By the way, we Roma lived together as children in the village, played together, had fun together, listened music and all that… We were brought up like that, to be happy and not think about the past, unfortunately that is a tradition of ours. Why do I say unfortunately? Because we see that throughout the centuries many Roma have died in every war, but no one talks about it. This is still the case in Bosnia and Herzegovina. These debates on Roma issues take place, but they are not organized by the Roma population or a Roma organization, but by some other non-governmental organizations. They organize debates, stories, and books.

Let me go back to that scene in the courtroom. I simply said at that moment: „I forgive.“ Why do I forgive? Because if you don’t forgive, hatred remains. And if you forgive, you move on, you fight for justice so that someone is held accountable. But, you forgive so that a person could live a normal life, without constantly going back to that year. I don’t want to live in that year, I want to move on. I am constantly asked “how can you keep talking about what happened to you?” I respond that I can because I feel better, because I got it out of me, but with a message for peace, so that others can hear it.

„Why do I forgive?“ Because if you don’t forgive, hatred remains.”

Despite the messages for peace and the good people who outnumber the bad ones, we are still locked in that cycle of hatred that we cannot seem to break?

Unfortunately, it’s all politics’ fault. Our people live in poverty, we fight for a salary, to put food on the table, to buy clothes… People sell themselves for a pittance. And then they tell you “here’s your package, here’s this, here’s that.” That’s what even the Roma do, those who run for councilors, they bring you a package, and tell you that your child will get a scholarship for education. Everything revolves in one circle.

I was in Italy, Germany, and Austria… There, they call us Yugoslavs. There are no Croats, Bosniaks or Serbs there. There are all Yugoslavs and we all eat and drink together. But as soon as one comes to his native country, one becomes a great Serb, a great Bosniak, a great Croat. It’s because it’s politics. Until the people rise up.

We in Bosnia and Herzegovina have two entities, ten cantons, a district, a bunch of ministers… And you need a million papers. For instance, I am registered as a refugee in my home country. Well, I can’t get an identity card for ten years, nor a passport, but for two years.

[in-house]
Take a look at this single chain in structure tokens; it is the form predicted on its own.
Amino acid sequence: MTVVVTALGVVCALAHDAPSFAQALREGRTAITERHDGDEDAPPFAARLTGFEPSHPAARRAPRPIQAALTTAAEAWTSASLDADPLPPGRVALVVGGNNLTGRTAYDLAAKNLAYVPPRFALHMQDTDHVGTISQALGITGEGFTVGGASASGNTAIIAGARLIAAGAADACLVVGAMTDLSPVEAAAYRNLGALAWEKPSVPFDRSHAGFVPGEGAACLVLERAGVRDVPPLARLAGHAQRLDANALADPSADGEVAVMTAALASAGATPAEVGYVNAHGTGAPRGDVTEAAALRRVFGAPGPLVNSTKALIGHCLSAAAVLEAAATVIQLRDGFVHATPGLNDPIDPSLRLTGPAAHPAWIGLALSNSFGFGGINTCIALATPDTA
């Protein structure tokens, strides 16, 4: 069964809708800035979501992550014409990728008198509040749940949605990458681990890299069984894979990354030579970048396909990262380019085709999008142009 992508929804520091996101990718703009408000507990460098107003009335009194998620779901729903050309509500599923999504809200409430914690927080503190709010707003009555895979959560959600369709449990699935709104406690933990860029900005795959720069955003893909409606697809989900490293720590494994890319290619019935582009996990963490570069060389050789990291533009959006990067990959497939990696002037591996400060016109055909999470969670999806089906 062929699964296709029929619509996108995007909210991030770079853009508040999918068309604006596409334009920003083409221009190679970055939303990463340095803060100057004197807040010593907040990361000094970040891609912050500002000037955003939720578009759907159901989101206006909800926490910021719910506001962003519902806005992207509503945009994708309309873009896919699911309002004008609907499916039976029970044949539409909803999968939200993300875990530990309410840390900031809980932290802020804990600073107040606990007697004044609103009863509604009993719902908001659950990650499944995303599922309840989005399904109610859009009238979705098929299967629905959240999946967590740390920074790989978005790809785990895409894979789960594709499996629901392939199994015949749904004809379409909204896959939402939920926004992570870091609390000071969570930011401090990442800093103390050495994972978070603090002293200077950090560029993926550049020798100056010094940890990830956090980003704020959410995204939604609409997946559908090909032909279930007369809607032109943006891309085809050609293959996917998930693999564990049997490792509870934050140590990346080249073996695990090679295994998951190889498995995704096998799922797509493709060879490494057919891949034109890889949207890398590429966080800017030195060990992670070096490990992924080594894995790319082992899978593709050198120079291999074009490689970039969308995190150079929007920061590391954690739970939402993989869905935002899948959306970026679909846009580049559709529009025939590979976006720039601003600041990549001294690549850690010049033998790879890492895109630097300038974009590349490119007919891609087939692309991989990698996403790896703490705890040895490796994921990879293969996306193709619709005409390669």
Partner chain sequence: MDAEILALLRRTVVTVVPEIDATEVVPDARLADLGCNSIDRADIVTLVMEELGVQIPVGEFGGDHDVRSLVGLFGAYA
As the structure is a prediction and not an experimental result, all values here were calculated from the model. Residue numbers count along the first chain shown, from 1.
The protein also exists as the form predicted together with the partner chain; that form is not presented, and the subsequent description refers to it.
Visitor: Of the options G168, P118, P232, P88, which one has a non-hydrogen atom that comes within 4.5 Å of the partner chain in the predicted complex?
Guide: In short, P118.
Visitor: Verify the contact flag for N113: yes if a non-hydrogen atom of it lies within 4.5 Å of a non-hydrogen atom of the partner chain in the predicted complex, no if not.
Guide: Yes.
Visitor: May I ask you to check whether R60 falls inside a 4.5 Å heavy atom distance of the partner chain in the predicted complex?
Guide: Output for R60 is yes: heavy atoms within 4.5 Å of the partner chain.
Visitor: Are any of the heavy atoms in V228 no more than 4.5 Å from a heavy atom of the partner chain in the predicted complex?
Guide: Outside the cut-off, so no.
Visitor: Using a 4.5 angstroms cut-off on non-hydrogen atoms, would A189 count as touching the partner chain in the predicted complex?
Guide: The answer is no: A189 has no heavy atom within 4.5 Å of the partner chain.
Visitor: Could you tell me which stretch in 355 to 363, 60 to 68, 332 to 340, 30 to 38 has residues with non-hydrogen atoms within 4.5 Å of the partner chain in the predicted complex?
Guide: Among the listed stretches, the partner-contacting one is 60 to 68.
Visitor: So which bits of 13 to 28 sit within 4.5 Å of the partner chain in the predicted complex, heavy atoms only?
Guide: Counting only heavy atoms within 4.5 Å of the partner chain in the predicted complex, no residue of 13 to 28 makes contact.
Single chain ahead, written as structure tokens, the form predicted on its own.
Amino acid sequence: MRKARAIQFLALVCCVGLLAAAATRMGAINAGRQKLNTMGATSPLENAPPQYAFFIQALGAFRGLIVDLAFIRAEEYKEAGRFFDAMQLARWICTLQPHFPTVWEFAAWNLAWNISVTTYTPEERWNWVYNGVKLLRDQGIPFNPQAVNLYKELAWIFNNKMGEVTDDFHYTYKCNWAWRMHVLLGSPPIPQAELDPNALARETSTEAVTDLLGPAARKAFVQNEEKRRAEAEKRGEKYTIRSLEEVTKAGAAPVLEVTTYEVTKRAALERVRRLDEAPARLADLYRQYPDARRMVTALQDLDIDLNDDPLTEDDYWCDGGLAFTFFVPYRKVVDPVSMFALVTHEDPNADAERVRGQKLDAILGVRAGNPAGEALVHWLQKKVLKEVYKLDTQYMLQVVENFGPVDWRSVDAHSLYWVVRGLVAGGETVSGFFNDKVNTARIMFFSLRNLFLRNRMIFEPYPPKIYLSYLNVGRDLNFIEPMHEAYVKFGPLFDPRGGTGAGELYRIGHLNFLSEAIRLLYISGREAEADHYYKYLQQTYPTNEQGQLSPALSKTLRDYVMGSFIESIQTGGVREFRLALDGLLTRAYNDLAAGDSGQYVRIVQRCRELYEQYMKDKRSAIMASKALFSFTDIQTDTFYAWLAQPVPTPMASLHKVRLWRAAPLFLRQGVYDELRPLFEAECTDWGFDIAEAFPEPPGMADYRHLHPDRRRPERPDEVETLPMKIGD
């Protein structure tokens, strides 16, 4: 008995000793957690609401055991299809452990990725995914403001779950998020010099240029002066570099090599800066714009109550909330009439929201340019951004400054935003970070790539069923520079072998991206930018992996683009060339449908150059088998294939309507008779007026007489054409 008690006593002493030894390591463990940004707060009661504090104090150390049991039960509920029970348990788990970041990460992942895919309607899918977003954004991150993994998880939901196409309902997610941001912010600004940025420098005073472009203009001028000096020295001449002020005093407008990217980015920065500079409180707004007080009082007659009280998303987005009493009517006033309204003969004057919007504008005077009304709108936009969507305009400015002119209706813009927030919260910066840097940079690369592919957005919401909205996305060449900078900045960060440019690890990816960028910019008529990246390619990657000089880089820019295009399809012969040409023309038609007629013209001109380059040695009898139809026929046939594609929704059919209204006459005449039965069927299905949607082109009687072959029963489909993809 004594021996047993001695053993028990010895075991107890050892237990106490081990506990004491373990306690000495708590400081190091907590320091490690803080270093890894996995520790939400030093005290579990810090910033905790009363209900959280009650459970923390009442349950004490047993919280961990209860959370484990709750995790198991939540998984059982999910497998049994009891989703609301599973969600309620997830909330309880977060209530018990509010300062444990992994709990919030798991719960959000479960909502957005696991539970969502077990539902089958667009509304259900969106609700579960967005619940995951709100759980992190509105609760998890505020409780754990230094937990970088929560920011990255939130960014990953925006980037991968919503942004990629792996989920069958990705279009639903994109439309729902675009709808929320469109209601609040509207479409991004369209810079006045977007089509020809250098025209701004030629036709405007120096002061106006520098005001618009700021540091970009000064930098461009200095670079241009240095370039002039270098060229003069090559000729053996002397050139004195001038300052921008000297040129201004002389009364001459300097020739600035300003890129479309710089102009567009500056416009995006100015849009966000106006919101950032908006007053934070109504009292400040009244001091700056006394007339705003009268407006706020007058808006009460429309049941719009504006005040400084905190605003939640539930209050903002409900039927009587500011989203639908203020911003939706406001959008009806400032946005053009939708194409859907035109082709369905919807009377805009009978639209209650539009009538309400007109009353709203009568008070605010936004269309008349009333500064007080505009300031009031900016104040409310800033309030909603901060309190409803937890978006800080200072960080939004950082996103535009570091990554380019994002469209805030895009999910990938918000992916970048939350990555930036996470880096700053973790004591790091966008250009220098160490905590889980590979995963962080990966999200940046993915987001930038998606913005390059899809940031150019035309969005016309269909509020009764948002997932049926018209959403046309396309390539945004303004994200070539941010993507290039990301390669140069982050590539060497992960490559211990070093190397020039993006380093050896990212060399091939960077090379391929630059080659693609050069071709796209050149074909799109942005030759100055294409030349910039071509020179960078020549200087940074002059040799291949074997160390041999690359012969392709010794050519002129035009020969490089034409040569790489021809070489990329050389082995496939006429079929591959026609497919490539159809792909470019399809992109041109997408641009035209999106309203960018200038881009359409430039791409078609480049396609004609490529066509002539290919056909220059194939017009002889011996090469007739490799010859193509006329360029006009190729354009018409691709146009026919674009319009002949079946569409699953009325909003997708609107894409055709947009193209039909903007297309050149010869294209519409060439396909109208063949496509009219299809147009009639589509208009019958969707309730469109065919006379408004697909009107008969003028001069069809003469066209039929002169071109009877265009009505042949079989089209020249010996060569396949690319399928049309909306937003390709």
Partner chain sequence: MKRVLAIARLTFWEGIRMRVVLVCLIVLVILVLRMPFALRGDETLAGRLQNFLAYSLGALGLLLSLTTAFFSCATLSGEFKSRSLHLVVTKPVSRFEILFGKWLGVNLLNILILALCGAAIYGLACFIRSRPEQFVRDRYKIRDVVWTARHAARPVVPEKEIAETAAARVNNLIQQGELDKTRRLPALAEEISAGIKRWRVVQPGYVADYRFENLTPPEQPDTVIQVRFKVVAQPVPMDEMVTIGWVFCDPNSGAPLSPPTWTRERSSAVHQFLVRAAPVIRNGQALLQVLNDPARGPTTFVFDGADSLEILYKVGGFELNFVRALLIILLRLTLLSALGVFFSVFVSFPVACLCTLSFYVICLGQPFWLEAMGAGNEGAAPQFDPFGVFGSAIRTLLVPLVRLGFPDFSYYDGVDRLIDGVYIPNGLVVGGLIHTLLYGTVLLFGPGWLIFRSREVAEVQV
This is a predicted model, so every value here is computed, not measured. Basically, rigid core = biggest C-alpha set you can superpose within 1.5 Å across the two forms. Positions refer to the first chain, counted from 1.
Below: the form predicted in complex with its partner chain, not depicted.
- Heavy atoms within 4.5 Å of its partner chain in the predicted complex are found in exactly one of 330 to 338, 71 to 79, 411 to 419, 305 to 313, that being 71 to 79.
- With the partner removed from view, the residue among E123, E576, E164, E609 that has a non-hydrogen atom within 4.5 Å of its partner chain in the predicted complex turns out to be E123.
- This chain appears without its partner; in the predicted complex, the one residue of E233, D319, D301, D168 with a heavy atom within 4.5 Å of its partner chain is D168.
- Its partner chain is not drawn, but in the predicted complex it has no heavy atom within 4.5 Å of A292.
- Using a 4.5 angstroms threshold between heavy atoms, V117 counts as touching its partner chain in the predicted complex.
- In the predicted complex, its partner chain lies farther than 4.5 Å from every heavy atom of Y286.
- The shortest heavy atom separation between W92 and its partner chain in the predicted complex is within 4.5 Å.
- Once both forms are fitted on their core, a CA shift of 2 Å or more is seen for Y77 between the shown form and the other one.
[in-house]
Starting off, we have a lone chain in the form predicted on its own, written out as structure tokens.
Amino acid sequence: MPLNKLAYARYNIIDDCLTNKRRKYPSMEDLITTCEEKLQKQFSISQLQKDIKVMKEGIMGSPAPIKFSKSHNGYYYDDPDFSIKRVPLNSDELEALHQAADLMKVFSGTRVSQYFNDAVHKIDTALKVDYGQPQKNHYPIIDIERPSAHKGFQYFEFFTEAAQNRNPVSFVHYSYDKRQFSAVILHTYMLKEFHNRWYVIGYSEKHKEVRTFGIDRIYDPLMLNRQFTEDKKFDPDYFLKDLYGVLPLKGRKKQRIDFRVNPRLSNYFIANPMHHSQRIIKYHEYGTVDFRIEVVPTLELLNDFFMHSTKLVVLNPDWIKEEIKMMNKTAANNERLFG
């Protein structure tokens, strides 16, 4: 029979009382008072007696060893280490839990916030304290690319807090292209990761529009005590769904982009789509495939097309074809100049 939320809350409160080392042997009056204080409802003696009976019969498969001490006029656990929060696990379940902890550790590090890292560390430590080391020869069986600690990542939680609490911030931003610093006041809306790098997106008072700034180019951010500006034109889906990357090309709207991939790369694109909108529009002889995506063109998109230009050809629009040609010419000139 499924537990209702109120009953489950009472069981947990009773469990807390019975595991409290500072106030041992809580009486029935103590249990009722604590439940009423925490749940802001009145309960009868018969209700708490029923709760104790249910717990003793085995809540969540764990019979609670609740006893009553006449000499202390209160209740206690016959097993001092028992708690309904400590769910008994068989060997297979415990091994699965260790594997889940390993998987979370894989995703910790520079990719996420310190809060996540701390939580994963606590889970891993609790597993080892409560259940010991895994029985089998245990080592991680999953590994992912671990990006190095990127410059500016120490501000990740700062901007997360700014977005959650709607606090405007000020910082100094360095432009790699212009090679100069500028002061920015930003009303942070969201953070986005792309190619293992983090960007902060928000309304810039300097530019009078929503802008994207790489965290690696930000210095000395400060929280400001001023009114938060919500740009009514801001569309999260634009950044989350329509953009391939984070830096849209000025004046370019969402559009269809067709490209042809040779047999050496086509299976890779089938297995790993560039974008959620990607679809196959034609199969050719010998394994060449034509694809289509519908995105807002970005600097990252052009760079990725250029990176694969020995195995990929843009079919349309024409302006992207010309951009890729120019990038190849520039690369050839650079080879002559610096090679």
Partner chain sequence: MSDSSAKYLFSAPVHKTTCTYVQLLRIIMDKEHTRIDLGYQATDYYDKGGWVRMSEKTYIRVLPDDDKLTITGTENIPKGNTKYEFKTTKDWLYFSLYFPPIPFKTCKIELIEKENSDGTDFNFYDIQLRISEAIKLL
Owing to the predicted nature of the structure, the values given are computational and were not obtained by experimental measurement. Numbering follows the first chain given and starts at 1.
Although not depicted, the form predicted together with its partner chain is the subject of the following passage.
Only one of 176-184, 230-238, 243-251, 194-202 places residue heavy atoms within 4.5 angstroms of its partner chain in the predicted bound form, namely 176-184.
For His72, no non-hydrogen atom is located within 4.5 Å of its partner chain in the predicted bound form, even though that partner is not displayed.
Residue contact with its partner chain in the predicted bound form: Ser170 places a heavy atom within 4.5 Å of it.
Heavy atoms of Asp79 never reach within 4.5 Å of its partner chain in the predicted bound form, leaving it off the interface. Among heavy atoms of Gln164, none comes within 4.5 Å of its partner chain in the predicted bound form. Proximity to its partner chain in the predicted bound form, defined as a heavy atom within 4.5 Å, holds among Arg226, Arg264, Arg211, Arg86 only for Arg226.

So, where were you exiled from?

From Zvornik.

But Zvornik is in Bosnia and Herzegovina!

Well, yes. That is pure madness. And that only exists in Bosnia and Herzegovina, it is such a law that I am registered as a refugee in my own country, they tell me that if I renounce that status, I will lose my rights. I don’t have a house, I don’t have a flat, I don’t have anything. Now, this apartment I got, it is social housing, just like a refugee. And if I renounced my refugee status, I would lose my apartment and be on the street. Maybe the City would help, but it’s all a big maybe, it’s all a risk. Where will I go with my two children? My wife doesn’t have a job. The people can’t do anything about it, “they” (the policians) shape our destiny.

But, I hope the people will realize one day that our blood is of the same color. My blood is not green, and it is not blue either. It is red like that of all other people, be they black, white, yellow or red. What does that red color tell us? It’s love. It means that we live for love and that we are all together.

Dinko Gruhonjić (Autonomija)

The interview was realized in cooperation with the organization forumZFD, and as part of the project “Suffering of Roma in the wars of the nineties and the possibility of Roma culture to contribute to reconciliation”.